Case Study 4-1 "Diagnosing the Causes of Poor Performance"From the case study, it is evident that Heather possesses excellent knowledge on how to design a training class and integrating modeling and practice into her classes. She has also done a thorough research on what entails good communication skills. However, the rating of Heather by her students is low, especially on the way she responds to specific questions. This is a clear sign that Heather lacks adequate declarative knowledge. According to Silber and Foshay (2009), declarative knowledge can be described as “knowing that” for example, knowing the fact that D is the fourth letter in the alphabet.
According to these two authors, declarative knowledge is conscious and is expressible. On the other hand, procedural knowledge can be described as “knowing how” for example knowing how to ride a car. Procedural learning involves implicit learning, which may take place without the knowledge of the learner and may involve being able to utilize a particular form to comprehend without essentially being able to clarify it (Silber & Foshay 2009). It is evident that Heather lacks declarative knowledge and this is the reason as to why she is not able to express the procedural knowledge that she possesses when confronted with questions.
Heather knows how (procedural knowledge) to design a training class and incorporating modeling and practice into her classes but does not possess the ability to express that knowledge verbally (declarative knowledge). According to Silber and Foshay (2009), for a professional to be a performer, he or she should possess both declarative and procedural knowledge. The lack of any one of the two types of knowledge leads to poor performance since they compliment each other.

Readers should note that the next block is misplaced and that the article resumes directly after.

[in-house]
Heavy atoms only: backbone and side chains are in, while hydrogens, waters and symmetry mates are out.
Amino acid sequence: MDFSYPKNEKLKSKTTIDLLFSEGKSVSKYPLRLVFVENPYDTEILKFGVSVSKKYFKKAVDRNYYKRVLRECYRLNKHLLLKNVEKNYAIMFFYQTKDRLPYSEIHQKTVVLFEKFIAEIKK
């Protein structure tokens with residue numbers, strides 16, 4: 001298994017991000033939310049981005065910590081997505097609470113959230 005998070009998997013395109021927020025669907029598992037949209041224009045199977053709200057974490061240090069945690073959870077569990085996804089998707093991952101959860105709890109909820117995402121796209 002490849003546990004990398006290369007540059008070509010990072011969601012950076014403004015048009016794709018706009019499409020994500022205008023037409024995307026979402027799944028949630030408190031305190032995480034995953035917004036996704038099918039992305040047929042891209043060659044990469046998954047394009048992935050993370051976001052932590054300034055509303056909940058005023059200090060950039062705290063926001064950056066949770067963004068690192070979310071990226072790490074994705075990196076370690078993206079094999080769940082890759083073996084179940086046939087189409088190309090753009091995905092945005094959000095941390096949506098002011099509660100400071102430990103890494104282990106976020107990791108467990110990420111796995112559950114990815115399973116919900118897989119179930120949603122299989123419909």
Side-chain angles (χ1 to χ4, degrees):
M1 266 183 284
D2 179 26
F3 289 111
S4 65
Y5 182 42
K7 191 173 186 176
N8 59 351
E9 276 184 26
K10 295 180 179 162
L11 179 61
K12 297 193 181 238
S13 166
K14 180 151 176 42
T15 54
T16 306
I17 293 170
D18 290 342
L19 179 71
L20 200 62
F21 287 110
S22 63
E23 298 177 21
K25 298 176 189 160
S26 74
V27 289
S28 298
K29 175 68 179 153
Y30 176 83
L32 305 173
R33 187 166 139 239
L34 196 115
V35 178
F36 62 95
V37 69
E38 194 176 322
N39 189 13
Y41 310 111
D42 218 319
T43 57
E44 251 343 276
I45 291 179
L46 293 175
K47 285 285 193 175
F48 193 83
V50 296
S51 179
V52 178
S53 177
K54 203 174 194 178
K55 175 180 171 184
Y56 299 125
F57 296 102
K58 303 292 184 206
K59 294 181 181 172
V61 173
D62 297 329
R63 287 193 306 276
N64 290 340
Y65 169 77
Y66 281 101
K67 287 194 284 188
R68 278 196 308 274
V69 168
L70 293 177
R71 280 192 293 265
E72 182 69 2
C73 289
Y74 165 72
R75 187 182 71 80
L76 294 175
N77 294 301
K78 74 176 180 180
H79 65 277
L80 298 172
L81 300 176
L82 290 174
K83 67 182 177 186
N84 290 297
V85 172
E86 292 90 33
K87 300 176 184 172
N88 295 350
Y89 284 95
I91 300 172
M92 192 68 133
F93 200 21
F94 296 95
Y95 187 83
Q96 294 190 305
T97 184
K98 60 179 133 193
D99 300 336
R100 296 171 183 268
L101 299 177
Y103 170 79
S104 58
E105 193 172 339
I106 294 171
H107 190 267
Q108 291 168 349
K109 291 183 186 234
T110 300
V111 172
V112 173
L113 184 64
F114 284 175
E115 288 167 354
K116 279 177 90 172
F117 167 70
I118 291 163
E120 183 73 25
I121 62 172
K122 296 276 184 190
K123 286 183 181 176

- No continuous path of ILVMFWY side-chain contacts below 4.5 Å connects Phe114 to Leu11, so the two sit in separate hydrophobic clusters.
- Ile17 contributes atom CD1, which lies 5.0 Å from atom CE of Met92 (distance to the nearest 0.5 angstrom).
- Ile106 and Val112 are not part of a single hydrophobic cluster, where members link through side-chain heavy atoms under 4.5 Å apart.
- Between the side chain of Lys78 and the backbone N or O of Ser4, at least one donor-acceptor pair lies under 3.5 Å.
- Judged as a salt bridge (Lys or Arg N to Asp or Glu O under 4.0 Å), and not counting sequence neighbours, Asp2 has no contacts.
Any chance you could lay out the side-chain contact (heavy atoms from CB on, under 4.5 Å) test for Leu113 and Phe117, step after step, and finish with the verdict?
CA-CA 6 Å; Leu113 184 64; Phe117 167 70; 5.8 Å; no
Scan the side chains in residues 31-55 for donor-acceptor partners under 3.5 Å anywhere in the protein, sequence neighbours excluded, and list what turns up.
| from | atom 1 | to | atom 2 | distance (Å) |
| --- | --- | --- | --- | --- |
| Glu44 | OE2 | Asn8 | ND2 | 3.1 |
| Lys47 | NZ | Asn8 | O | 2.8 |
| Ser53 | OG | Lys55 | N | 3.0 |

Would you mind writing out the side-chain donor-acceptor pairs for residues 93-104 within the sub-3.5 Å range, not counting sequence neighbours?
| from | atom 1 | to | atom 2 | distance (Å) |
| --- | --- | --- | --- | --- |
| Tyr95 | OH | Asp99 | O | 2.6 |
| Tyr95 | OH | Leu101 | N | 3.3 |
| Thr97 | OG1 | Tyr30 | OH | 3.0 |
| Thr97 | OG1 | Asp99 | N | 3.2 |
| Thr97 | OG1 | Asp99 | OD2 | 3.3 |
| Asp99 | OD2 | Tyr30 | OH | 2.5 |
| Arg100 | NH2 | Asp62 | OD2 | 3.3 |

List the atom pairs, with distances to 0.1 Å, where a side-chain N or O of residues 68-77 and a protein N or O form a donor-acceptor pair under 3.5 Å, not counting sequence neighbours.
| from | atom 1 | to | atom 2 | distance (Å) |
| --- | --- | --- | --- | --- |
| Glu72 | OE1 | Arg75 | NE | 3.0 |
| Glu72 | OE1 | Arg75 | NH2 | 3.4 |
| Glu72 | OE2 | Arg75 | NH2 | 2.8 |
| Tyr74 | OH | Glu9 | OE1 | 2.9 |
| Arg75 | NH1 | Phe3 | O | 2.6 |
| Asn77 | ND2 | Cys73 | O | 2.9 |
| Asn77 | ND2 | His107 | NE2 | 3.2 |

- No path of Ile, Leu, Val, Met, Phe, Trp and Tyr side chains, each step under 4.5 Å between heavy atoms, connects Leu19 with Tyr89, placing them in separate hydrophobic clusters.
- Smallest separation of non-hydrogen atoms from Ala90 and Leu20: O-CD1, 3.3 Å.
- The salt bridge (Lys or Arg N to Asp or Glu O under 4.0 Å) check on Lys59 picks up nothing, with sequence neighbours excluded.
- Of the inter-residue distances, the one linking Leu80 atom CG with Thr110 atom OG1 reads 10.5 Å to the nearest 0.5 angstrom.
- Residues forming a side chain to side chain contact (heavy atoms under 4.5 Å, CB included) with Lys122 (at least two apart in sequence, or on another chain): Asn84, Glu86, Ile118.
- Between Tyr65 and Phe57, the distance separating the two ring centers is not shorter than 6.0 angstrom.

The main cause of poor performance recorded by Heather in her workplace is lack of declarative knowledge. According to Aguinis (2009), for any organization to record good performance, it must have effective performance management strategies in place. According to Aguinis (2009), some of these performance management strategies include employee training and reward systems. Heather’s poor performance problem can be solved through training especially on how to express her intrinsic knowledge on communication skills. Heather needs to undergo a thorough training on communication skills and interpersonal skills.
It is important that Heather understands the cause of her underperformance so that she embraces the training being offered. According to Aguinis and Kraiger (2009), many poor performance management strategies fail to achieve their objectives because the employees are forced to undergo the training without being explained the personal and organizational benefits derived from the training. The main benefit of employee training is that it enhances the employees’ skills hence improving their performance and that of their organization (Aguinis & Kraiger 2009). With adequate training, Heather will acquire the communication skills needed to express the knowledge she possesses on interpersonal skills and new manager training.
Through training, Heather will also gain the skills needed for her to have healthy and productive interactions with her students. Through this way, the student will feel freer to interact with her and ask any questions they might have on the concepts taught in class. Having gained good interaction and communication skills, Heather will gain confidence to face her students and tackle any question asked by her students. If Heather registers an improvement in her performance, she should be rewarded in order to keep her motivated in improving her performance even more.